The Wick - Laid Table with View of Saint-Paul de Vance, 1969

Discover Marc Chagall

With an instinct for light to rival Renoir, and use of colour to echo Matisse, Marc Chagall is a true modern master. A Russian-French artist of Belasurian Jewish origin – with time spent in both Germany and the US – his oeuvre reflects all the finest qualities and influences of twentieth-century art.

No surprise that Chagall too was inspired by the sparkling vistas of the south of France, bringing to life the magic of Saint-Paul-de-Vence where he settled in his later life. The painting, containing elements of his Primitive style, captures that dreamy vibrance for which Chagall is celebrated.
The Wick - Three Point Bend, Derek Fordjour, 2019

Discover Derek Fordjour

The New York-based artist made global headlines in 2018 with Half Mast, a mural commissioned by the Whitney Museum that addresses America’s reckoning with mass shootings. Since then, his career has been on a meteoric rise.

His works, typically patchworked from humble materials such as newspaper and charcoal, grapple with themes of race, inequality, and aspiration in American society. Electric colour and repetition are signature elements.

He also looks at the culture of sport in his explorations of the collective. In Three Point Bend, three figures in identical costumes fold nimbly into backbends. ‘I have a conceptual interest in patterns: how they persist, how they are disrupted, what is fixed and what is shifting,’ the artist has said.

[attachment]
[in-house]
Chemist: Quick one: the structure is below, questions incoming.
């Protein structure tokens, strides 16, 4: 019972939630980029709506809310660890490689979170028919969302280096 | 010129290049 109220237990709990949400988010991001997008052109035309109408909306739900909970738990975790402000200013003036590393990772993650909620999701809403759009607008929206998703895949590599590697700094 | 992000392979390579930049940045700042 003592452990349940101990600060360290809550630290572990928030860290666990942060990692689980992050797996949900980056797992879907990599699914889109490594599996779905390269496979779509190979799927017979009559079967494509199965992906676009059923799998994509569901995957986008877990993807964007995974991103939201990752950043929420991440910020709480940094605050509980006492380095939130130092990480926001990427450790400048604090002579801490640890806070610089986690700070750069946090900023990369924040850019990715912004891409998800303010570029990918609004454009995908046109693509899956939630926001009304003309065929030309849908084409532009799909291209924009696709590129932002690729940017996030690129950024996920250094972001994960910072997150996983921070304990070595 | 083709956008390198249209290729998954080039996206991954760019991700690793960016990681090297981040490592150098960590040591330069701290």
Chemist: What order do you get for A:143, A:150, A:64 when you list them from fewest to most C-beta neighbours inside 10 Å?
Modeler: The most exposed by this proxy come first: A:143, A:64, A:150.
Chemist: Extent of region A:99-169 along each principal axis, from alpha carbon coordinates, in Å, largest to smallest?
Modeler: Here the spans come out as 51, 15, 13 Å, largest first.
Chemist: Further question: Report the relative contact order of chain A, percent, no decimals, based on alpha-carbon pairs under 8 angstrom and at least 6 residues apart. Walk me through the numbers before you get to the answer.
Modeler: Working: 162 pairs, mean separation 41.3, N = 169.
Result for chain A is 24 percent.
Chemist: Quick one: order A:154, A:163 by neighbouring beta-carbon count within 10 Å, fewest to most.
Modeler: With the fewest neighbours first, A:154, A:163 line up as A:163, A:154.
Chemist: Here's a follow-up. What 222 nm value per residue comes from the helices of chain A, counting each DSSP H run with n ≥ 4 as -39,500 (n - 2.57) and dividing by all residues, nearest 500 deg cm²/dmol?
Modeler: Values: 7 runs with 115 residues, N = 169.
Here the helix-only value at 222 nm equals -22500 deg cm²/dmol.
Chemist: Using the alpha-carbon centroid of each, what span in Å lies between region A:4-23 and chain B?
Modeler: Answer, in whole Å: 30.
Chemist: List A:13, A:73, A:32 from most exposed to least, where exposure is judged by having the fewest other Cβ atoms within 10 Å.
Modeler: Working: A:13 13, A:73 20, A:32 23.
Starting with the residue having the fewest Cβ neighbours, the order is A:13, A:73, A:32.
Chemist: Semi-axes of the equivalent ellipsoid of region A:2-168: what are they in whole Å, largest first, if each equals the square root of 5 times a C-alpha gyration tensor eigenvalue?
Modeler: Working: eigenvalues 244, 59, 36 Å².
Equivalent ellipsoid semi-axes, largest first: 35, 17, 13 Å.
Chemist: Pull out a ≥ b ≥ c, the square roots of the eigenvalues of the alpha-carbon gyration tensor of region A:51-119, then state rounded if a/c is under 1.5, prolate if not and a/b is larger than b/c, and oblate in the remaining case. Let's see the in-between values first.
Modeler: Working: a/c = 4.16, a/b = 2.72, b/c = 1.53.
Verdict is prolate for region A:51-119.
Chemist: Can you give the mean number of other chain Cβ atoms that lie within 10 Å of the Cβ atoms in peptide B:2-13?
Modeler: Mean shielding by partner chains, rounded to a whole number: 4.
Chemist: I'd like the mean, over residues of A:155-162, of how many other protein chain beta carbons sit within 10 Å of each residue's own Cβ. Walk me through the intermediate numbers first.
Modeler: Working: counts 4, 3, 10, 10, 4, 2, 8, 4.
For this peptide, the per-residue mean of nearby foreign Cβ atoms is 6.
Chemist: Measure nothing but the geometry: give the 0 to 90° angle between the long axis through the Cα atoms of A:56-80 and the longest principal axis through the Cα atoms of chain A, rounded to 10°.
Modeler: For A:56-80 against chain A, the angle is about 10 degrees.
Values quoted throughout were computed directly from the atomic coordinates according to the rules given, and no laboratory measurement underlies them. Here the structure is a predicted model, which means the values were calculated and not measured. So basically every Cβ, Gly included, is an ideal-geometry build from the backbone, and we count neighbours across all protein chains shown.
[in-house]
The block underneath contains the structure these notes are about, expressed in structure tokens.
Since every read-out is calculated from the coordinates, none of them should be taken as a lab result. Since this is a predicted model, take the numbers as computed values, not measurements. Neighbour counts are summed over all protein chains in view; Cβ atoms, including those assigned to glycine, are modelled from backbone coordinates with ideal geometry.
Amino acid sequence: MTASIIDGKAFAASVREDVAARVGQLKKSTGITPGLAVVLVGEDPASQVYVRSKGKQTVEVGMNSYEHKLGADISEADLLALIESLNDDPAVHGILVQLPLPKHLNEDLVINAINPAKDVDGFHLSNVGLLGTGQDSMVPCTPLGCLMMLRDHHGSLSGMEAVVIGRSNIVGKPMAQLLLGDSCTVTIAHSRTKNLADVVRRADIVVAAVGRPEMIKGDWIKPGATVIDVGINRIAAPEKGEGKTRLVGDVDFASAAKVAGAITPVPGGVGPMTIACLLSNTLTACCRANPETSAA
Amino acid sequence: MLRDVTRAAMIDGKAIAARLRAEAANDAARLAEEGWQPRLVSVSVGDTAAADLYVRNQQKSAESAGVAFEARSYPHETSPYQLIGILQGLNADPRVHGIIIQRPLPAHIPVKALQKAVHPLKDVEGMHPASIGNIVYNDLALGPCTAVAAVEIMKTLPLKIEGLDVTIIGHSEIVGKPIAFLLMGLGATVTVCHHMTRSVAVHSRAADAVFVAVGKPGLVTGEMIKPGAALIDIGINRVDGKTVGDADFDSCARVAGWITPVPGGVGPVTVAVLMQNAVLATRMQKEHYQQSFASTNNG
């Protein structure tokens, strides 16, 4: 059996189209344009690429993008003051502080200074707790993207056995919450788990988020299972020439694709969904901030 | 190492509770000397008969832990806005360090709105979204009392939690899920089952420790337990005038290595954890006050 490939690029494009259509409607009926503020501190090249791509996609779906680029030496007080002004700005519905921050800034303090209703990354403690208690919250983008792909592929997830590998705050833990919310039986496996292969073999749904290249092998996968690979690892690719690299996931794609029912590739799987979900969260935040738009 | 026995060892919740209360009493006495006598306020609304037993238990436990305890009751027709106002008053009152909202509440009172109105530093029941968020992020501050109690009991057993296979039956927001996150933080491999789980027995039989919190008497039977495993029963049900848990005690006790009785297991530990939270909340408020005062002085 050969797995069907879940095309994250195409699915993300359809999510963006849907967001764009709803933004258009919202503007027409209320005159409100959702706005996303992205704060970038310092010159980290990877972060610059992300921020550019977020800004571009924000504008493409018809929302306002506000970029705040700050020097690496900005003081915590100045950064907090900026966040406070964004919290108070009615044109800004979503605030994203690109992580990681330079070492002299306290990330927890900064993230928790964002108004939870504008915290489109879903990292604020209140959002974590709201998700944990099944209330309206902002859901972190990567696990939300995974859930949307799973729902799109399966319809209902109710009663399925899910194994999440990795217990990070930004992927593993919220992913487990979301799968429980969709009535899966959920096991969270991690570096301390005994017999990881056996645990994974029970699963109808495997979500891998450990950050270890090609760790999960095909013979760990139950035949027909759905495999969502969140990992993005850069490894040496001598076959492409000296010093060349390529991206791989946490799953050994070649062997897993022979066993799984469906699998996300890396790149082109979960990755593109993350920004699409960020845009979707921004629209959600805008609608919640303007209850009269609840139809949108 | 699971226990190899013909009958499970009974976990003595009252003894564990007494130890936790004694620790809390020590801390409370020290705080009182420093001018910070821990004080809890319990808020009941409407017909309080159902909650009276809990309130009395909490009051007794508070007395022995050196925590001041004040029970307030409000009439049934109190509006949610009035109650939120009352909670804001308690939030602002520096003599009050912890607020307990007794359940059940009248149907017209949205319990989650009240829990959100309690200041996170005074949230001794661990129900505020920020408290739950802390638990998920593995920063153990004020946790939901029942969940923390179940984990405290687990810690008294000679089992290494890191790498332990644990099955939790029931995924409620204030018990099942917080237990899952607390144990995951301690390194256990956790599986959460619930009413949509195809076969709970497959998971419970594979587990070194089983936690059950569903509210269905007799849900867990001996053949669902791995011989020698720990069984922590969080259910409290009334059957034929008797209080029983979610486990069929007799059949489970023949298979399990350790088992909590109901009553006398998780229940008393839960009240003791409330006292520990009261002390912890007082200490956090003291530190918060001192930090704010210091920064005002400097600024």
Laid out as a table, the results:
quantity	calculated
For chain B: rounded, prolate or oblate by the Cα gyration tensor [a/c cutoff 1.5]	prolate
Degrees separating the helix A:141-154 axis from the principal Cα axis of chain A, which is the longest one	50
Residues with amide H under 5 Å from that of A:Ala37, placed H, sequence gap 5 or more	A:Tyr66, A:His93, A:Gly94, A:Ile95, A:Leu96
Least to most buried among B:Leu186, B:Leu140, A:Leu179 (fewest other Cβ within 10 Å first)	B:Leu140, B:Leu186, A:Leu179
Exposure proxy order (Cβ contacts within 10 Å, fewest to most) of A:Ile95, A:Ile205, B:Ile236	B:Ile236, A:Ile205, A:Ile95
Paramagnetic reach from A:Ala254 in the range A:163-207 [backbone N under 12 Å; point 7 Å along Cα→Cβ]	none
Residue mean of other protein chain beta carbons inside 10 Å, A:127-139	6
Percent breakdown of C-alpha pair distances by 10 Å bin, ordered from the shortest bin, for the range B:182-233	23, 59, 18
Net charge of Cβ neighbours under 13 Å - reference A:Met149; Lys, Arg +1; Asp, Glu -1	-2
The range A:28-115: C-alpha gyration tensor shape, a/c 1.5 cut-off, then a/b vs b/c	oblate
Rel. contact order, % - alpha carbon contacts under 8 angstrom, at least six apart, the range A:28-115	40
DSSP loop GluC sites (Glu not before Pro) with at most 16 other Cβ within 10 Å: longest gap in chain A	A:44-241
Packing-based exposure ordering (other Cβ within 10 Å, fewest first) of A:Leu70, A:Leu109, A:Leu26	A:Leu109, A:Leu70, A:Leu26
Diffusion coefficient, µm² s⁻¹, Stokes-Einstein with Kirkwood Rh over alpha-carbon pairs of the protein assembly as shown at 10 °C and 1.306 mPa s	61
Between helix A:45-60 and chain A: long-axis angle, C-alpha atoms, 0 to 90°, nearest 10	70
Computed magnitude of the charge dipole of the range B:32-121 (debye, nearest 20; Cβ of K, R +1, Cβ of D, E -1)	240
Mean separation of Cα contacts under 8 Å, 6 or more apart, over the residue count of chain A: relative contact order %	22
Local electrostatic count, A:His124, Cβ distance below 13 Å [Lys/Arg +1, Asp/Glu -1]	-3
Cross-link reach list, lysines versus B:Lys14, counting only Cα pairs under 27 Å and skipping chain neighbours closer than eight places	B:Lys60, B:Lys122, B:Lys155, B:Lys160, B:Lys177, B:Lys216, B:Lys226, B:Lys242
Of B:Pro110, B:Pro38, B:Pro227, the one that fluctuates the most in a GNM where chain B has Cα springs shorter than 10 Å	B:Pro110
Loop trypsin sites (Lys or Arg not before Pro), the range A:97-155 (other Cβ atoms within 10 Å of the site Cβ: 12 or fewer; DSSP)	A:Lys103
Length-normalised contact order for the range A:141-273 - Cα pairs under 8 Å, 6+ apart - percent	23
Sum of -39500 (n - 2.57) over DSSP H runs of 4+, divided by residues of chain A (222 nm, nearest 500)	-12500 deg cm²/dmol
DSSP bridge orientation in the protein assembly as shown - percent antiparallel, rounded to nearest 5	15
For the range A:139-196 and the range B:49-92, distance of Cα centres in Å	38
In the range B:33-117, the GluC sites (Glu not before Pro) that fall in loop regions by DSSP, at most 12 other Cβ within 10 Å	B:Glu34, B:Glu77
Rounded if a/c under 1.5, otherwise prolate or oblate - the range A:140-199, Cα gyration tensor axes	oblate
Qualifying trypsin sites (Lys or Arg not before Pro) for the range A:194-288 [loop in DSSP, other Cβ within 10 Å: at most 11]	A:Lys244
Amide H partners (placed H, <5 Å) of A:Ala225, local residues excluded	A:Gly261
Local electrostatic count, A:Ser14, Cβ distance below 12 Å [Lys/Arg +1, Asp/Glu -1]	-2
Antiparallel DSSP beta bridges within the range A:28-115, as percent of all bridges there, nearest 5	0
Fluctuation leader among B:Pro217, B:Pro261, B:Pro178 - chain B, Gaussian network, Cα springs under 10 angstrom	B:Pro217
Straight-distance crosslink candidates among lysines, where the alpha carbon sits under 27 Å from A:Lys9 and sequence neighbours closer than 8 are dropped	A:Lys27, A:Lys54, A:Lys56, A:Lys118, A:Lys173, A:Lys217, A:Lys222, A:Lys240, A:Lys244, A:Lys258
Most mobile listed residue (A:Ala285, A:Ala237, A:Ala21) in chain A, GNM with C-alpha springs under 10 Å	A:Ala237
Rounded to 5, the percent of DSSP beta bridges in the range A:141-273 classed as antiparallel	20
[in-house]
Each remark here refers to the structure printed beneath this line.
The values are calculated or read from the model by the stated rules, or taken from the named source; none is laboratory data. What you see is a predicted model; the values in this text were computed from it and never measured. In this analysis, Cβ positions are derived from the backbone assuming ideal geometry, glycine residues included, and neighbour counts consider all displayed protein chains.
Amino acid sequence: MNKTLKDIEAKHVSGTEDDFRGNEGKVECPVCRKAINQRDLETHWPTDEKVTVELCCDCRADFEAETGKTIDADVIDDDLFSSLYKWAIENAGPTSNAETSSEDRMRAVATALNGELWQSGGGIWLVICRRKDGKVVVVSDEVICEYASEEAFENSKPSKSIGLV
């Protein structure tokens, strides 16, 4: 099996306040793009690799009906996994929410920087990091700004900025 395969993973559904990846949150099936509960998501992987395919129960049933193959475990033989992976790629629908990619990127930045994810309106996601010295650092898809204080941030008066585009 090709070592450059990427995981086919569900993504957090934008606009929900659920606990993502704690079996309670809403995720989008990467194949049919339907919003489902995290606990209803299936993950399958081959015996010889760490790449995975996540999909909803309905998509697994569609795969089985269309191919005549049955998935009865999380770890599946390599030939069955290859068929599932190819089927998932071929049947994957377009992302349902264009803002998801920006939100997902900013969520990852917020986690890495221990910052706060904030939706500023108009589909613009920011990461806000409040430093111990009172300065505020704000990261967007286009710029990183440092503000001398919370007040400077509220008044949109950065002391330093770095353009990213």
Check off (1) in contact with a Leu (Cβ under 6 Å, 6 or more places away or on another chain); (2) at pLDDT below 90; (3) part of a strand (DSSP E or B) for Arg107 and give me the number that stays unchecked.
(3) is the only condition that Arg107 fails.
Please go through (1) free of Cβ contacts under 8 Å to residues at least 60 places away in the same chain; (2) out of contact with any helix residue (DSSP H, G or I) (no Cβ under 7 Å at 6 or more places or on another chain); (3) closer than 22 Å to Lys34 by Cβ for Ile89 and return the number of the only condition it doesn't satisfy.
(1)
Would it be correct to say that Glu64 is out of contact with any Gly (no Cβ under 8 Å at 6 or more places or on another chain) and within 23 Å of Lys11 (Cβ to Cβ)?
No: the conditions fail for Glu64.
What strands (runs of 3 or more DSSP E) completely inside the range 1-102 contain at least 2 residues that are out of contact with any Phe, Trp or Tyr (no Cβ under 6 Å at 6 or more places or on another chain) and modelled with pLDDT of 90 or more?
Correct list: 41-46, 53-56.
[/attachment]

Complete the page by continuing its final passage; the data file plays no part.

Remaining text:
The Wick - The Chicken Thief, Michael Armitage, 2019

Discover Michael Armitage

From art fairs to auction rooms, the Nairobi-born, London-based painter Michael Armitage has garnered a lot of attention lately. Now he’s the star of a new Royal Academy exhibition, which brings together 15 of his large-scale paintings from the past six years.

Among the highlights is The Chicken Thief, one of eight paintings inspired by his own experience at an opposition party rally in Nairobi in 2017. Painted on lubugo bark cloth in Armitage’s distinctive florid palette, it depicts the titular thief fleeing arrest — or perhaps he’s trying to escape from the demonic monkey clawing his back.
The Wick - The Future, You Might Not Like it Now... But You Will, Harland Miller, 2017

Discover Harland Miller

Harland Miller is celebrated for his investigations into the relationship between text, form and colour. He rose to prominence in the late 1990s with his Penguin series — the book’s fictitious titles were described as ‘wittily deadpan’ by the acclaimed novelist Michael Bracewell — and has continued on an upward trajectory since.

In 2017 he created a new series of paintings inspired by his archive of psychology and science books from the 1960s and ‘70s. The Future, You Might Not Like It Now But You Will features a three-dimensional graphic against a faded background. Like the design, the title can be read in myriad ways. What does it mean to you?
The Wick - Lilicoptère, Joana Vasconcelos, 2012

Discover Joana Vasconcelos

Think of the Portuguese artist Joana Vasconcelos and that tampon chandelier springs to mind. But she has created other dazzling works too, among them Lilicoptère, a gilded helicopter embellished with thousands of rhinestones and pink ostrich feathers. Exhibited at the Palace of Versailles in 2012, it recalls the opulent — dare we say outlandish — aesthetic of the Ancien Régime.